Whether you have an OB/GYN, Nurse Midwife, or Midwife, these are questions to keep in mind. It is important to get an overall sense of how your healthcare professional views pregnancy, labor, birth, and even postpartum because that will directly impact how you give birth.
For example, OB/GYN’s will almost always say they deliver the baby whereas some Midwives will say they “catch” or assist while you deliver the baby. These differences play out in policy and protocol of every single healthcare setting whether that is in a hospital, birth center, or in your home. The policies and protocols will then affect what you what will happen the day of the birth.
Some key things to keep in mind are the last weeks of pregnancy and the birth itself. Knowing whether or not a healthcare professional will allow you to go beyond 40 weeks is crucial and what their ideology on induction is too. If you have a chance for induction, it is then equally important to understand what an induction is and when this would become a possibility to you. In general, you should become familiar with multiple outcomes for birth just in case something other than what you have planned occurs.
I am trying to encourage women to think of the bigger setting in which they are operating. There are always factors at play from giving birth to breastfeeding to childrearing. That being said, here is a list of questions you can ask your healthcare provider to help you get an understanding of their ideology and best practices when it comes to the birth of you baby:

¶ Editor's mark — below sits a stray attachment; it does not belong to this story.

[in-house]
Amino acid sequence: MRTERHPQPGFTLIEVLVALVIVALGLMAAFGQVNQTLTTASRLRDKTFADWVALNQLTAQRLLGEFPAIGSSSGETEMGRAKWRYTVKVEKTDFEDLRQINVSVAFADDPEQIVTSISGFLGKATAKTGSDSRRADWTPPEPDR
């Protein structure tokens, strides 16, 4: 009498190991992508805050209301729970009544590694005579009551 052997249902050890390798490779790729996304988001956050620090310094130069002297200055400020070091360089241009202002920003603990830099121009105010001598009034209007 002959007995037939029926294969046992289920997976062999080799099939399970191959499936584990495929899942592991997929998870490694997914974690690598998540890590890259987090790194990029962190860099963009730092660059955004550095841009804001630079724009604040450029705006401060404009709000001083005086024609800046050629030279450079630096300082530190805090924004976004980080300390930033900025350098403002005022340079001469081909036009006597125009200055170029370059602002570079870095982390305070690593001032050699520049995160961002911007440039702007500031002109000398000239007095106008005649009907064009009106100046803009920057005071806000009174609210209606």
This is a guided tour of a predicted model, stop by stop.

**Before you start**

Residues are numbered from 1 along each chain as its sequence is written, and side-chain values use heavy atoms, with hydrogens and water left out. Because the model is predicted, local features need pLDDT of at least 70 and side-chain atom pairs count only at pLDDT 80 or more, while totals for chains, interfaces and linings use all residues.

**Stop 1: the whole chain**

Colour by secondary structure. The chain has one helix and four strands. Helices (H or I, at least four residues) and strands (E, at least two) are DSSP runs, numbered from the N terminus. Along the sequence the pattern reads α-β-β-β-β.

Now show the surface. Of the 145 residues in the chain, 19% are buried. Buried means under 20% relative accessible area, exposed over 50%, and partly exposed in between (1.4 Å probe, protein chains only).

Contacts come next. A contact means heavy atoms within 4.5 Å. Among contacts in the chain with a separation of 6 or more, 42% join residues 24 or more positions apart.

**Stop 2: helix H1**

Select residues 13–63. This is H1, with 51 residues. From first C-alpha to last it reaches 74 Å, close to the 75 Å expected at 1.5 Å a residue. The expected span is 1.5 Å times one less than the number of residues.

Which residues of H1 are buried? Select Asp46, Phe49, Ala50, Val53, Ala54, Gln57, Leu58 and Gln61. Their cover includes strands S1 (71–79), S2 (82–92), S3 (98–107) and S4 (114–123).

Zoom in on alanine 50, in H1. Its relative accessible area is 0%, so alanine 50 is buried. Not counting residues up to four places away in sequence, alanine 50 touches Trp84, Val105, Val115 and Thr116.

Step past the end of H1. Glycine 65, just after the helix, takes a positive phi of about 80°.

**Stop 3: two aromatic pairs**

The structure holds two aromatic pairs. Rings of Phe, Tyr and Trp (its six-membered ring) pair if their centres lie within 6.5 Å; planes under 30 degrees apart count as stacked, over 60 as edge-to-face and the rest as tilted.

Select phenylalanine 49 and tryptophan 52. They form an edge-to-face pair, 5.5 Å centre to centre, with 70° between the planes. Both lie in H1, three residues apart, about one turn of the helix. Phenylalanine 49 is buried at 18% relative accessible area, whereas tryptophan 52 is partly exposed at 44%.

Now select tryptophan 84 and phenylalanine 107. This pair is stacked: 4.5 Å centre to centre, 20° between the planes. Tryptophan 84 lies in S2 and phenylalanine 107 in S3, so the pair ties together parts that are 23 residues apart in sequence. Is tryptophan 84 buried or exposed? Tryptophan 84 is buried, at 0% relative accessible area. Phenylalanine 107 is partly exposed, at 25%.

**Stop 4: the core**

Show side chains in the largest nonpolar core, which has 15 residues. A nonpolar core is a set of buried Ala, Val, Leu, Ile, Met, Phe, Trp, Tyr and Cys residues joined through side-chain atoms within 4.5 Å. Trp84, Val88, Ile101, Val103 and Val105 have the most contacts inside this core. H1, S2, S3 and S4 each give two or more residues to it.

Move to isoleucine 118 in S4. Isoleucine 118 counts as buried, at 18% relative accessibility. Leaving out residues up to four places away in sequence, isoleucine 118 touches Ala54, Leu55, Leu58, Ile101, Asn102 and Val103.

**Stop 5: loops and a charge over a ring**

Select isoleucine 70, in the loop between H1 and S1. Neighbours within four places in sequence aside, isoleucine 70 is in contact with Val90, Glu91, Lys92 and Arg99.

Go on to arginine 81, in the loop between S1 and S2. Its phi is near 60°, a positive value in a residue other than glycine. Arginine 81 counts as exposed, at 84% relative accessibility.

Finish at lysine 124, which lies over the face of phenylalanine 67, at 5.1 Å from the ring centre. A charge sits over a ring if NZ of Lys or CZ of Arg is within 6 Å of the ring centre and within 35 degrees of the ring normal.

- What is your philosophy on birth? How do you think birth affects a woman?
- What tests can I expect to be done throughout my pregnancy? Am I allowed to decline services or treatment? You are always allowed to decline services or treatment but sometimes it is hard to decline when you want to. Asking this opens up the chance for you to decline in the future.
- Do you typically do vaginal checks during prenatal appointments? When?
- What testing is required for a late baby? Starting at how many weeks?
- At what point past 40 weeks do you induce labor with drugs?
- Will I need to be monitored during labor? If so, how?
- What techniques do you use to prevent vaginal tearing? What will you specifically do to reduce the chance of tears or episiotomy?
- What do you recommend for pain in labor? How do women typically manage pain with you as their provider?
- How do you feel about women laboring in different positions? What is allowed or not allowed during labor? Can I eat or drink during labor?
- Will a lactation consultant or counselor be available after birth? If so, how soon after birth will I be able to see them?
- Will a nurse or other health professional be providing newborn care instruction at any point during my postpartum stay? If this does take place, this usually happens only in a hospital setting.